Most readers have their own idiosyncratic systems for displaying the most valuable titles they own. For a lot of people, it makes the most sense to keep their favorite books on a particular shelf. At The Paris Review Daily, Sadie Stein writes about an odd phenomenon — “The Phantom Shelf,” which consists of books you love so much you had to lend them to friends. (Related: Kevin Hartnett on reading our parents’ bookshelves.)
“I know the words for elk and water. There are other Shawnee nouns as dense as koans with metaphor and meaning, but they remain inscrutable to me.” Poet Laura Da’ authors the most recent Rumpus Saturday essay, a stunning meditation on concessions made to both the body and the body politic. A member of the Eastern Shawnee Tribe of Oklahoma, Da’ is the author of Tributaries, a 2016 American Book Award winner. See also: our review of Philip Meyer’s latest novel, The Son.
The modern maestros of fantasy at Bethesda Softworks penned thousands of pages of text for the Elder Scrolls series, scattering 256 detail-packed, in-game books across 2006’s Oblivion, with a commensurate amount in 2002’s Morrowind. Presumably these tomes were consumed by the hardcore few. Did Bethesda spend countless hours of careful word-crafting for a fanatical minority?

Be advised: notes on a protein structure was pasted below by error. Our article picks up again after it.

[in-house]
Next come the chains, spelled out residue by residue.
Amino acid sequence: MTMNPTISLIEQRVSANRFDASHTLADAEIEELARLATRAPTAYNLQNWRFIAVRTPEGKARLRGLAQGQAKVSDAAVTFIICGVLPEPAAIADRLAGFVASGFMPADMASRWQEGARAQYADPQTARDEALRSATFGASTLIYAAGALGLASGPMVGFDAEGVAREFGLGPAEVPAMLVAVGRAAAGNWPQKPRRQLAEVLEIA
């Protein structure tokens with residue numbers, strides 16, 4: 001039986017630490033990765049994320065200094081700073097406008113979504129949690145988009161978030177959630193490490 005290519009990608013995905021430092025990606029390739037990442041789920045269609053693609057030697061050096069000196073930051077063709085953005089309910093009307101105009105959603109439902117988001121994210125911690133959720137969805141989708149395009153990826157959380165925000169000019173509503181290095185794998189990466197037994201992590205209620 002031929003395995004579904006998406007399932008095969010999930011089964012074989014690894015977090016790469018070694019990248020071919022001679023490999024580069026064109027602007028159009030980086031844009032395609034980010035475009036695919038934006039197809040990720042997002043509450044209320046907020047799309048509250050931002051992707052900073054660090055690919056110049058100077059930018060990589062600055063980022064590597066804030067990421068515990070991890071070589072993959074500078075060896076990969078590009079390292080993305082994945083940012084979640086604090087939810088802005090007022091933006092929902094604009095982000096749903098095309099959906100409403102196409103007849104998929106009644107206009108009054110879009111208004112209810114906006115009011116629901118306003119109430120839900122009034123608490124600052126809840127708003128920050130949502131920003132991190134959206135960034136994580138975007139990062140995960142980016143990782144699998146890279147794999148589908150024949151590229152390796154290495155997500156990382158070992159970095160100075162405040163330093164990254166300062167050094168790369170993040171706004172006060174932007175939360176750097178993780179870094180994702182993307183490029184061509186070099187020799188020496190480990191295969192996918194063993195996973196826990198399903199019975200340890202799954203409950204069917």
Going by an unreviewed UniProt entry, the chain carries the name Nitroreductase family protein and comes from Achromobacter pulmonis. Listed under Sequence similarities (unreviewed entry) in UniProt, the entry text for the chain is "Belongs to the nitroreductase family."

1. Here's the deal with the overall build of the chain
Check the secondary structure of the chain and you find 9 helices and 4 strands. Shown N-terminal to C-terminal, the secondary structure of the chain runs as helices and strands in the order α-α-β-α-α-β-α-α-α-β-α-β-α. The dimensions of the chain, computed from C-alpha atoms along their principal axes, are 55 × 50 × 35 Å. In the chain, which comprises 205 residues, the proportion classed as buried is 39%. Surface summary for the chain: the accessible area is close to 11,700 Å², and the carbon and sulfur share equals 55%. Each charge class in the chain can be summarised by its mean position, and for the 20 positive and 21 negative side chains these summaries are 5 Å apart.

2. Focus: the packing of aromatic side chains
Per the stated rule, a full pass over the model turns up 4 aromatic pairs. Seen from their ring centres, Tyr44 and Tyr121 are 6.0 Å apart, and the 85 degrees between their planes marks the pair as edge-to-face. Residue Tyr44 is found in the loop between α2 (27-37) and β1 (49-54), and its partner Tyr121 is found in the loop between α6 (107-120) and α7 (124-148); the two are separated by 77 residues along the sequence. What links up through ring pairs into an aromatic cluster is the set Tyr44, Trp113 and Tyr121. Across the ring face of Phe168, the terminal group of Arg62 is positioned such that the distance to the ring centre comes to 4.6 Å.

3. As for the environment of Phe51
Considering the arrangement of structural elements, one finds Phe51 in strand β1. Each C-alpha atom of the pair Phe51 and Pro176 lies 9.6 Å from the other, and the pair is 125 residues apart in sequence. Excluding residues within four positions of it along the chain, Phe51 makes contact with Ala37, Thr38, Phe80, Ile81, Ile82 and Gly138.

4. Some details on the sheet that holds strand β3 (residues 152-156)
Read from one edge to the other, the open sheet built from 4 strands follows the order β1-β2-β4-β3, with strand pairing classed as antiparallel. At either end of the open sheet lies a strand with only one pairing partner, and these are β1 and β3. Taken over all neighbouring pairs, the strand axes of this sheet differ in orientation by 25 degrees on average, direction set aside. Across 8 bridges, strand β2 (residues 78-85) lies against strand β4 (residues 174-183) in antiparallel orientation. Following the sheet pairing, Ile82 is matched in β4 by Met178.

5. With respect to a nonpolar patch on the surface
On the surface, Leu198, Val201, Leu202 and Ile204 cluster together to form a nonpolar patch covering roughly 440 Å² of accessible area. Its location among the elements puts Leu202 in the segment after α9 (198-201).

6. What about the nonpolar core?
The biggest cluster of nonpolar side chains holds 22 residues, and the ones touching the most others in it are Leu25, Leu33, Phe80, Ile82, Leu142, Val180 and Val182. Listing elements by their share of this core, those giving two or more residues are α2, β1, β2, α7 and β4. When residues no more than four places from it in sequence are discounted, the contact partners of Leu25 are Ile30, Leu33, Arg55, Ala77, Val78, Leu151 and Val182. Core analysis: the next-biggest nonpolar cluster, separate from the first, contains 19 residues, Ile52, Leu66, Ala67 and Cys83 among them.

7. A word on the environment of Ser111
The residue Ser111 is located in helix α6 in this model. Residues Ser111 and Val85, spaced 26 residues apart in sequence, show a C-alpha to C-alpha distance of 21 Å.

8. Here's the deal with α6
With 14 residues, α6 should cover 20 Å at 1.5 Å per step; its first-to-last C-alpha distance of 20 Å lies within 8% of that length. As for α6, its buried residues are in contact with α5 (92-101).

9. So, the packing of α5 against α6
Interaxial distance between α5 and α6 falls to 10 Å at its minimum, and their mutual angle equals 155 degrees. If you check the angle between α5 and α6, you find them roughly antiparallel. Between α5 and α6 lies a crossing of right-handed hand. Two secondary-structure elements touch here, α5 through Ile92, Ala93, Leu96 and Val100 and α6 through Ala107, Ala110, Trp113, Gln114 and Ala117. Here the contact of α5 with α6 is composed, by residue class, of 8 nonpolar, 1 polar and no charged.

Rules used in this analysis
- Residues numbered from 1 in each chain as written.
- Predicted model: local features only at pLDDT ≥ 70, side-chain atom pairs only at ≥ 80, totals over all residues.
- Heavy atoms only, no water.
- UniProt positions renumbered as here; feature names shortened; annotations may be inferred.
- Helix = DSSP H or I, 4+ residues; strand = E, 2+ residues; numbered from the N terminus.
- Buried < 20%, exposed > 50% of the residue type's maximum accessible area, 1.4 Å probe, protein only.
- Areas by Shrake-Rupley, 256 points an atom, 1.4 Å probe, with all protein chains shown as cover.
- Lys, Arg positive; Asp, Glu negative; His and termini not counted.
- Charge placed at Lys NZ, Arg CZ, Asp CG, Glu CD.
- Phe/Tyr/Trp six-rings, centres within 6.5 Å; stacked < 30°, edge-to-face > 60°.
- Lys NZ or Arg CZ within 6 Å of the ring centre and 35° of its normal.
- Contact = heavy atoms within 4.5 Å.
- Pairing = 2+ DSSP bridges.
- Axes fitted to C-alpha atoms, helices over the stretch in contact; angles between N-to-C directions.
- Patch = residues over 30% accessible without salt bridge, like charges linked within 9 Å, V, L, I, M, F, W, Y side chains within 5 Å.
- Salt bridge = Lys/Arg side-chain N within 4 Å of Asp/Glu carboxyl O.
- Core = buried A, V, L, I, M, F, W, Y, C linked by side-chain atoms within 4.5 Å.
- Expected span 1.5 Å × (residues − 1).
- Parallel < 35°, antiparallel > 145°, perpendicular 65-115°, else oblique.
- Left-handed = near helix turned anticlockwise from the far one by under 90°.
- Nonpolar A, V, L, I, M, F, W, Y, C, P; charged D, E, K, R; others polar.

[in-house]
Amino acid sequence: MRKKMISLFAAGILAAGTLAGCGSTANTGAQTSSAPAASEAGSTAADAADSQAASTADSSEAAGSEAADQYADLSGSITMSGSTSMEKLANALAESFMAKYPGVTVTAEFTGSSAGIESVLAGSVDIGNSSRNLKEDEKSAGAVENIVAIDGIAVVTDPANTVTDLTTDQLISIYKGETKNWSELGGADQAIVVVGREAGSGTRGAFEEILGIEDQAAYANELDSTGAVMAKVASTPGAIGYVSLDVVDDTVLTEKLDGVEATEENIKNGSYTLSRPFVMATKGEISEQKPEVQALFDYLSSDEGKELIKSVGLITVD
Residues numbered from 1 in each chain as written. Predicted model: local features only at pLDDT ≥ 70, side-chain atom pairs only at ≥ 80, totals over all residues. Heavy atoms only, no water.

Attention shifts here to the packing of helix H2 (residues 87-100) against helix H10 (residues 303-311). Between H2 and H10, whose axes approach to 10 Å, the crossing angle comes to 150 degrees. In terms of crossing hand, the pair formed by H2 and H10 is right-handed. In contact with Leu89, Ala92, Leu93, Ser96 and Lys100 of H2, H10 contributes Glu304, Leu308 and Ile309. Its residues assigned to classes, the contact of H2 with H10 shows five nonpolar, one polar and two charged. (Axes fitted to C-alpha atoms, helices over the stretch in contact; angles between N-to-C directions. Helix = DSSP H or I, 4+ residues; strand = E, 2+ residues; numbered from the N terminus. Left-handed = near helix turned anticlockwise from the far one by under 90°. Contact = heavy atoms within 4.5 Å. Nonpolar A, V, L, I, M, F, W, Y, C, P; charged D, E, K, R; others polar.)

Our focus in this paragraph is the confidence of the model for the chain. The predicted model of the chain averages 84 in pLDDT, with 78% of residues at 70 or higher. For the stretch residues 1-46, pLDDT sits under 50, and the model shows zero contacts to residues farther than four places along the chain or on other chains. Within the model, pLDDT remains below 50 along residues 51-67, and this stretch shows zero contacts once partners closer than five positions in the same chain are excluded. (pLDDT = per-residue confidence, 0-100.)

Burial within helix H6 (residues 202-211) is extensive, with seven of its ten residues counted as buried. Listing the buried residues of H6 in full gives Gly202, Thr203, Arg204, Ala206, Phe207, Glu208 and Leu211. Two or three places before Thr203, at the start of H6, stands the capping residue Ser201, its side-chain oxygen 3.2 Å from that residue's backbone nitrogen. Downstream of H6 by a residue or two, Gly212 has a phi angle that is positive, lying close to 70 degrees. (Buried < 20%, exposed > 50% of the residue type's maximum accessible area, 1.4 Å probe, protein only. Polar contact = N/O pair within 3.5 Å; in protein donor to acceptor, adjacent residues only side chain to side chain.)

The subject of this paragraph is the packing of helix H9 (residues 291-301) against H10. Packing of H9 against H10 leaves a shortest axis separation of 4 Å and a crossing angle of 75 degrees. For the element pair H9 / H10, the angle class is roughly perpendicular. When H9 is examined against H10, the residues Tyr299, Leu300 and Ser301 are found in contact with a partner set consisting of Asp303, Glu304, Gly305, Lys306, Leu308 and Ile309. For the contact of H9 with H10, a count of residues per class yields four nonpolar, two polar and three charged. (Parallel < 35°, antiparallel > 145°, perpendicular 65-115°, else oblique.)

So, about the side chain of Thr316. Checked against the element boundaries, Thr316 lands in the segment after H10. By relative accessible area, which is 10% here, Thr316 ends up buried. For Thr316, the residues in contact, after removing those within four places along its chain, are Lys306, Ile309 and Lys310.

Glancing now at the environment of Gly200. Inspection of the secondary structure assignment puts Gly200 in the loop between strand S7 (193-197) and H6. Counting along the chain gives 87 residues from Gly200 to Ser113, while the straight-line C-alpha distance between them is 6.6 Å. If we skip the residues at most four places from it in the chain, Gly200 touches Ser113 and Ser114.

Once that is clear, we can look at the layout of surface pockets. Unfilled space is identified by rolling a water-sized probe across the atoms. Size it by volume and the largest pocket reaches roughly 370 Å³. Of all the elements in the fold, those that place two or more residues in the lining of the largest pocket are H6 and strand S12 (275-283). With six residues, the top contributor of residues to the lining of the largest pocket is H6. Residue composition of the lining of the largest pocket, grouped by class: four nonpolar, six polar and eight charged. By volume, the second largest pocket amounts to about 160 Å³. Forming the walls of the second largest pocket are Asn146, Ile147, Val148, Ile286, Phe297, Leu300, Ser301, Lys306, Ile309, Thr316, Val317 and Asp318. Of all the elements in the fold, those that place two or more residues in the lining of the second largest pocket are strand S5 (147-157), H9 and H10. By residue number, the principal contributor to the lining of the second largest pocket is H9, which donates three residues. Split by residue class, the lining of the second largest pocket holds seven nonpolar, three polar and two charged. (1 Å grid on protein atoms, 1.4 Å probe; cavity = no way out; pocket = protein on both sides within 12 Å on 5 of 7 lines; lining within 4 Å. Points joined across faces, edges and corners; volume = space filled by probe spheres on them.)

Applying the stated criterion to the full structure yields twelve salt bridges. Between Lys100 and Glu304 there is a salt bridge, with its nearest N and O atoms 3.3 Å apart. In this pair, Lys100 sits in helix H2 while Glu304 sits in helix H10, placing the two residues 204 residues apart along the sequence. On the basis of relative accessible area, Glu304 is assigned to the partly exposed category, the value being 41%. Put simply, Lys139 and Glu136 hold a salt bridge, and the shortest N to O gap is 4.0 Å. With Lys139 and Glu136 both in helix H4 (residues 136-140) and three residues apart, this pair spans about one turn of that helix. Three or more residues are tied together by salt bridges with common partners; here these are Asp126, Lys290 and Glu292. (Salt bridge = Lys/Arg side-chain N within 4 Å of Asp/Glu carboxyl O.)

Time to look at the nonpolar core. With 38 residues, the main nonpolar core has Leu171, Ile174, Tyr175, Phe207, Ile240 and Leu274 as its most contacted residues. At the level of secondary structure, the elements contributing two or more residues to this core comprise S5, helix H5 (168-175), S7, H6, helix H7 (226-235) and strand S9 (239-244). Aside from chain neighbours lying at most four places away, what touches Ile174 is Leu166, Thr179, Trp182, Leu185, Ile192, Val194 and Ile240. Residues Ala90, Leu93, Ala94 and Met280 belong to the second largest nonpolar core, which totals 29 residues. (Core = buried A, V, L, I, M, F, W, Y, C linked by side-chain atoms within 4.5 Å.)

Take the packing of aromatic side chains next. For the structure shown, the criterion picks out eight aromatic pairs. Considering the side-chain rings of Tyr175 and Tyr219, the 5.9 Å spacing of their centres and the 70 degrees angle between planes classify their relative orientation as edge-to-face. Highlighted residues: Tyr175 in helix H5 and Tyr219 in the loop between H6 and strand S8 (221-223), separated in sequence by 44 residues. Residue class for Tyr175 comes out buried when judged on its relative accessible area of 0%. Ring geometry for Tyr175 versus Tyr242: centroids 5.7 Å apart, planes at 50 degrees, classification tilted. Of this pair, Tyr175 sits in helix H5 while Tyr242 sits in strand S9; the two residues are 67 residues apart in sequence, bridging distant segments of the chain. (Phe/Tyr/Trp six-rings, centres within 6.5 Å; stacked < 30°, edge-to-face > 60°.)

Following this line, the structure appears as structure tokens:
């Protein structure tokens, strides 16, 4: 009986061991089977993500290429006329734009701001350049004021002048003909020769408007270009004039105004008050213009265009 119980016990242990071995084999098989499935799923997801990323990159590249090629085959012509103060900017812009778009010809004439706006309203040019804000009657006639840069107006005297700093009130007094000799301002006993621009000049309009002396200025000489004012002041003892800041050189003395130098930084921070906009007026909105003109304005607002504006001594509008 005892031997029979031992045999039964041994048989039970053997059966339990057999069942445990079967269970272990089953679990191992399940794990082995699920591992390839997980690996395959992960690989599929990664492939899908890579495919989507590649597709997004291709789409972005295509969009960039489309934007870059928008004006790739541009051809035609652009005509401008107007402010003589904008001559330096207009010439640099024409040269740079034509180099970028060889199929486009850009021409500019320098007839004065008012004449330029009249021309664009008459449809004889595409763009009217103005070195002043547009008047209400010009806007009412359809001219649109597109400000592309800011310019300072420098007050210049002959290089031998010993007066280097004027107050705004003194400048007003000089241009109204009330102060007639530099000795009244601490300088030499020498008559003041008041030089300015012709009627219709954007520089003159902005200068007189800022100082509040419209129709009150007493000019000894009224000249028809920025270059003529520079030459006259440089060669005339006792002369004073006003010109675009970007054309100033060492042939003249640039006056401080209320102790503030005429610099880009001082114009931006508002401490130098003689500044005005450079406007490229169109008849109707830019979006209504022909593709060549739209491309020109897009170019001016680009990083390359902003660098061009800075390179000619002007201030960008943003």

YiR alum Roxane Gay and Medium have collaborated on a magazine that will feature pieces throughout the month from 24 different writers. The writers all address the question “what does it mean to live in an unruly body?” and they range from Kiese Laymon to Keah Brown to Randa Jarrar.